The Appraisal Buzz recently had a chance to speak with Robert T. Murphy of Fannie Mae and ask him a few questions. He is the Director of Property Valuation & Eligibility at Fannie Mae and an influential leader in the appraisal industry. We wanted to speak to him about their recently released Lender Letter and find out how it affects appraisers. Below are some of his responses.
Buzz: Bob, what is the goal of Appraiser Quality Monitoring? Isn't this a huge departure from Fannie Mae's historical policy on appraiser selection?
Bob Murphy: The goal of Appraiser Quality Monitoring (AQM) is to make sure that the loans we buy meet our underwriting and eligibility standards, which includes making sure the collateral backing the loans is appropriately valued through a quality appraisal. We want to make sure that we have accurate data about the property, that a thorough market analysis was performed, and that the appraiser selected appropriate comparable properties and made appropriate adjustments.
Fannie Mae holds the lender who sells us the loan responsible for the qualifications and quality of work for the appraisers they select. The Selling Guide provides requirements and guidance to lenders regarding appraiser selection. So with respect to "appraiser selection", there is no departure from our existing requirements.
Buzz: I think Fannie Mae's Appraisal Selection Criteria has been strong but this takes it to a whole new level. Finally, appraisers are being held accountable for the quality of their appraisal reports. I presume this has everything to do with having access to appraisal data in UCDP (Uniform Collateral Data Portal), yes?
Bob Murphy: In order to make sure the housing market is stronger and more sustainable, we worked with Freddie Mac, and our regulator FHFA to develop and implement the Uniform Appraisal Dataset (UAD) and the Uniform Collateral Data Portal (UCDP) as part of the overall Uniform Mortgage Data Program (UMDP). As you know, the UAD provides uniform data fields in several of our appraisal report forms while the UCDP allows for appraisals to be submitted electronically. Implementation of this technology has allowed Fannie Mae the ability to identify appraisal data issues which require further analysis to make sure appraisals meet our standards and gives us greater ability to monitor ongoing trends in the market.
Buzz: What type of infractions are you seeing that prompts Fannie Mae to initiate a letter to an appraiser and what is the intent of the letter?
Bob Murphy: Fannie Mae will provide information directly to appraisers whose appraisal reports exhibit a pattern of minor inconsistencies, inaccuracies, or data anomalies. I have addressed these issues at several CRN meetings and Valuation Expo Conferences, infractions include "self-discrepancies", in other words how often an appraiser disagrees with him or herself over time and across transactions. For example, our systems notice if the appraiser changes the condition and/or quality ratings for a specific transaction in subsequent appraisals.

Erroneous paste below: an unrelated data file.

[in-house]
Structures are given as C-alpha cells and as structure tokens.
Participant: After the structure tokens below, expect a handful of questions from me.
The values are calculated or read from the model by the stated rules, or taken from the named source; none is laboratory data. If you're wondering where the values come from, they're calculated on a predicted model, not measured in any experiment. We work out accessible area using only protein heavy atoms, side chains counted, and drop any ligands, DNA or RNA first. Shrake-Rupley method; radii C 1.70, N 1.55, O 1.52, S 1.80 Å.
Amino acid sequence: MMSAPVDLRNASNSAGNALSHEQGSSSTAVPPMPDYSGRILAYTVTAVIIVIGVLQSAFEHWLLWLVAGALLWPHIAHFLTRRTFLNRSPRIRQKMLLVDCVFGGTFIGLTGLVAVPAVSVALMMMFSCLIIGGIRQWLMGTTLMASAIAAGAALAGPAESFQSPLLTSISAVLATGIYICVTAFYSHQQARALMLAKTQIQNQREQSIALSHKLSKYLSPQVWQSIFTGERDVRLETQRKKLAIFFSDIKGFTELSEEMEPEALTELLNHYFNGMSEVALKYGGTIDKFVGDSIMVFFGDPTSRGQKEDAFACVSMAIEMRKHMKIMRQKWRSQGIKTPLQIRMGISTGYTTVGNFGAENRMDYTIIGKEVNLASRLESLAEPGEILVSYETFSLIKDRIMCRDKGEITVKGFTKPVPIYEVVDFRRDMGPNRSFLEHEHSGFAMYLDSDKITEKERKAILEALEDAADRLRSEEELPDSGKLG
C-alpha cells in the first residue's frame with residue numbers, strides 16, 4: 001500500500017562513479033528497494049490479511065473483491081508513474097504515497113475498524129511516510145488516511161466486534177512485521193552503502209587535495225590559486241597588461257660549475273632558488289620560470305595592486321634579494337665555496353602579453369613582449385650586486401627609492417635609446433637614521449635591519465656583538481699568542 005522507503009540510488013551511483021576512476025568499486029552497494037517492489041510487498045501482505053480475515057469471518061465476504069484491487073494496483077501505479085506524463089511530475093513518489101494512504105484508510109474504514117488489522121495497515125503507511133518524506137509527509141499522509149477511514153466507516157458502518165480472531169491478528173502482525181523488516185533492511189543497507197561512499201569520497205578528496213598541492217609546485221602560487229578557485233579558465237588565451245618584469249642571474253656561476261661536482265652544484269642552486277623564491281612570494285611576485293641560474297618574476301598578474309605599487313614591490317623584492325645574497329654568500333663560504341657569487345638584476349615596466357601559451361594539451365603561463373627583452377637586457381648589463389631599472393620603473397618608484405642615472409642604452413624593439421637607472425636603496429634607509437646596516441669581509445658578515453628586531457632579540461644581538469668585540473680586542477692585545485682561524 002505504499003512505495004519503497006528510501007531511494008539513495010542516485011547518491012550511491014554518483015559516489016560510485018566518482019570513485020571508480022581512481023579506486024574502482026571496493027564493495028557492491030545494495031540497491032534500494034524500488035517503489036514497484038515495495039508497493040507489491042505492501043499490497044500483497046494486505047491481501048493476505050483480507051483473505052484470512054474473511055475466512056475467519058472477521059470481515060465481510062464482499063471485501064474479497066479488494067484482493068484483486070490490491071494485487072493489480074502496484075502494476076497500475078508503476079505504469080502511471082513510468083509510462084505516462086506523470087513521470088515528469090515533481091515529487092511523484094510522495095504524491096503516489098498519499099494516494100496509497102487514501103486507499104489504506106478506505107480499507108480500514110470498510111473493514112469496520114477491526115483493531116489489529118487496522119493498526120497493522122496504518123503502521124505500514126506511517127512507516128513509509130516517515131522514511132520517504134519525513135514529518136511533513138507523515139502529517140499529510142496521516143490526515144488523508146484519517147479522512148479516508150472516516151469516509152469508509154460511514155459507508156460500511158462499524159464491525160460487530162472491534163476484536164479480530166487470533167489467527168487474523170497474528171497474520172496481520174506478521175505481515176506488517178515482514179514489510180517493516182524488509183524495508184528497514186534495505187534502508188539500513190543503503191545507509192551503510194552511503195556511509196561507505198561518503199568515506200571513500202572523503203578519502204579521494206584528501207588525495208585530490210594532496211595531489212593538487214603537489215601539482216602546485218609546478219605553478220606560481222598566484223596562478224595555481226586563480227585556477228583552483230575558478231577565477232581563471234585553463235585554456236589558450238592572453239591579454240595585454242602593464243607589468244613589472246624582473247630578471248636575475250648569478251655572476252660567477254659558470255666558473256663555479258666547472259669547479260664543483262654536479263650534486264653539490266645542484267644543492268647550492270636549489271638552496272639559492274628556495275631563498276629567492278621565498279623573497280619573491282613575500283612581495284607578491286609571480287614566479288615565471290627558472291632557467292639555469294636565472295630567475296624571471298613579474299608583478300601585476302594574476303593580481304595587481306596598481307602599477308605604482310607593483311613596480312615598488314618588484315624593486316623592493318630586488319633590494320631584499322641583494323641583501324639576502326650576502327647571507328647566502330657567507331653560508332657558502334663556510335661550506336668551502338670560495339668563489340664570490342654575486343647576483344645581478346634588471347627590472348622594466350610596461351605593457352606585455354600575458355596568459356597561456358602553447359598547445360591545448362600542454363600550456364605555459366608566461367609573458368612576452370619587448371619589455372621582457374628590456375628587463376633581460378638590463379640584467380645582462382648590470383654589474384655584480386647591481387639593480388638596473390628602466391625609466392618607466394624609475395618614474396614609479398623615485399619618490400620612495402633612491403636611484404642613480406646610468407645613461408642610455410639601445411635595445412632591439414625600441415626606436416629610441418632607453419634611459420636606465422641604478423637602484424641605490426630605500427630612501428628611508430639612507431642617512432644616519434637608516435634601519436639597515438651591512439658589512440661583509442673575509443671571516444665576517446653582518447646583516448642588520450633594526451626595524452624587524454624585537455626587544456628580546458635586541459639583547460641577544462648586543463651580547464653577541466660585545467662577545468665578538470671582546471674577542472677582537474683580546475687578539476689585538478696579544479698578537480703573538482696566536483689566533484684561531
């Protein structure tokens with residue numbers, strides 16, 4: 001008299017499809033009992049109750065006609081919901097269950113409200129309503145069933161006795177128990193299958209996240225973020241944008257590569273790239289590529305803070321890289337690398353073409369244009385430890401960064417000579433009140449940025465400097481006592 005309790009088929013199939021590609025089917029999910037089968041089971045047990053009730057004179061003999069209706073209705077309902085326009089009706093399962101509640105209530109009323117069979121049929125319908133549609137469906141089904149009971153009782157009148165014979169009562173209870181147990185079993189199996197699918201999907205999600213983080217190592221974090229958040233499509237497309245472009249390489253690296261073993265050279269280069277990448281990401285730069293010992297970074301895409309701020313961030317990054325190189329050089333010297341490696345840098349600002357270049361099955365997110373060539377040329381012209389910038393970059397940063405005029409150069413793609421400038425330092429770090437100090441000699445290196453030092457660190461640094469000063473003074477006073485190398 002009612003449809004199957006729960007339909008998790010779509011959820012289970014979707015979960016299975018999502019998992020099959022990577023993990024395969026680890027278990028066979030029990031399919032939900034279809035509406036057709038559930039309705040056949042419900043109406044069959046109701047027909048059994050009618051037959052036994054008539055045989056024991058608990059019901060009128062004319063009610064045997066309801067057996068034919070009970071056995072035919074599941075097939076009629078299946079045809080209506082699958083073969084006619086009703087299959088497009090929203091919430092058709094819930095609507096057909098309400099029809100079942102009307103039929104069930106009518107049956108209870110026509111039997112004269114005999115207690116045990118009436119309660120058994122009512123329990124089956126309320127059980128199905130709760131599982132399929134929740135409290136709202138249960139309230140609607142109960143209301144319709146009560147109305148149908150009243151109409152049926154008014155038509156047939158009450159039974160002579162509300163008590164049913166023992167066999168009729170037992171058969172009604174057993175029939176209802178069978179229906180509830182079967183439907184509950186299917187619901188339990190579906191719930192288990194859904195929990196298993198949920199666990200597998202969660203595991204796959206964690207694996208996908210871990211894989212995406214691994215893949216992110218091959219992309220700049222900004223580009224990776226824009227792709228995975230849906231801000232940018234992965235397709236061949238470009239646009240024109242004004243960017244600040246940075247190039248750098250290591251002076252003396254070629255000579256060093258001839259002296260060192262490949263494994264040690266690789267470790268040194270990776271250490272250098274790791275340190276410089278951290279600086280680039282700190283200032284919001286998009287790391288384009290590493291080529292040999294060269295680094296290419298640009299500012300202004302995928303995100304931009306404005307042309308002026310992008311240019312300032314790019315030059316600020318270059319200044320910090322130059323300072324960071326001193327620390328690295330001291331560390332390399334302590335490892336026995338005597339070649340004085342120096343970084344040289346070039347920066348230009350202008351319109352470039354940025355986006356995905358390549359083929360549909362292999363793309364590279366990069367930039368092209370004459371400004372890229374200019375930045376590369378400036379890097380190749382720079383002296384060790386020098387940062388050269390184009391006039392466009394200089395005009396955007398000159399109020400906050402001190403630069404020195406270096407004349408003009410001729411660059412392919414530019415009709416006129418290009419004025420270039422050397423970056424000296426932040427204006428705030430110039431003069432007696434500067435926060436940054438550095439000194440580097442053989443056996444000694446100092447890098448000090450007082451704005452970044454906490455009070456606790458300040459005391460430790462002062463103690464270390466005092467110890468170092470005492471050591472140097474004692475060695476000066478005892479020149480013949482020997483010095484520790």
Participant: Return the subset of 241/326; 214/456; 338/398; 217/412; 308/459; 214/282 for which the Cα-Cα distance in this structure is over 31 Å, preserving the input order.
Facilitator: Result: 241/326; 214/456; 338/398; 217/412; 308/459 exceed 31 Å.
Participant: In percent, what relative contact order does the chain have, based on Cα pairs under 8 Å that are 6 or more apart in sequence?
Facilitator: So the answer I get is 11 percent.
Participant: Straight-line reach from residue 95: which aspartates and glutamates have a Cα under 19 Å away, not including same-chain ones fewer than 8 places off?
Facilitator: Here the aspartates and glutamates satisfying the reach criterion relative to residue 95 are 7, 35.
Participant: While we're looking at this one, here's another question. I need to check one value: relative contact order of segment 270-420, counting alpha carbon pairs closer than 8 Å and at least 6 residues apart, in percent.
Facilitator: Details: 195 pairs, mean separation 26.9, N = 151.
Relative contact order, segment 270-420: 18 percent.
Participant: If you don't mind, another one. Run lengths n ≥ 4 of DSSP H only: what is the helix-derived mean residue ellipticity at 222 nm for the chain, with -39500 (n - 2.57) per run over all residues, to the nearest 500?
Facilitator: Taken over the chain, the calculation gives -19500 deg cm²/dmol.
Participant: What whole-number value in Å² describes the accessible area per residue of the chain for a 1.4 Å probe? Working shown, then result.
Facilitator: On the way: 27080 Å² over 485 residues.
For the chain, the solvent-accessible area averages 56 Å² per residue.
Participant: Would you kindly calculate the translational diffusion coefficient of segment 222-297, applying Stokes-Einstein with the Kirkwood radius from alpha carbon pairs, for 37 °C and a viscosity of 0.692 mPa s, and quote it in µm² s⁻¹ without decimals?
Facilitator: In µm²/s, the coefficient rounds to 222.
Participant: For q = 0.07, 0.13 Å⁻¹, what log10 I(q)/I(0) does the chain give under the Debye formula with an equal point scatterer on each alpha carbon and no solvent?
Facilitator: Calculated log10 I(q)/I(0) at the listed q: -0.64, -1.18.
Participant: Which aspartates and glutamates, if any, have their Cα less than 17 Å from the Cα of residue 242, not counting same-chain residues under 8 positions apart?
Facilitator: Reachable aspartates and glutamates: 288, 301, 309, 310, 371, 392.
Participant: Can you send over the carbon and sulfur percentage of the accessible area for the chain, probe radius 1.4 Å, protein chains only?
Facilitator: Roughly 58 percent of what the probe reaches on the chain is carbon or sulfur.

The intent and expectation of communicating these issues directly to appraisers is for training and educational purposes, and to provide them with an opportunity to improve their work. Future appraisal reports from those appraisers will be monitored to assess improvement.
Fannie Mae also has developed a process to identify appraisers whose appraisal reports exhibit egregious issues. In those cases, Fannie Mae will contact the appraiser and the lender that delivered the loan(s) informing them that either 100% of the loans submitted with appraisals from the identified appraiser will be reviewed by Fannie Mae in the post-purchase file review process or Fannie Mae will no longer accept loans with appraisals completed by the specific appraiser.
Buzz: What sort of rebuttal process does the appraiser have?
Bob Murphy: The appraiser can submit written responses to Fannie Mae, and is advised of how to do so in the communications they receive from Fannie Mae.
Buzz: Will lenders and Appraisal Management Companies be provided access to Fannie Mae's list of appraisers requiring 100% review?
Bob Murphy: Approved sellers/servicers have access to the AQM list identifying appraisers whose appraisals will be subject to 100% review or whose appraisals are no longer accepted by Fannie Mae. Lenders may inform service providers with whom they have a business relationship, including AMCs, of appraisers on the list. However, seller/servicers may not distribute the actual AQM list.
Buzz: Bob, thanks for taking the time to answer some of these questions for us and our subscribers.
Bob Murphy: It was my pleasure.
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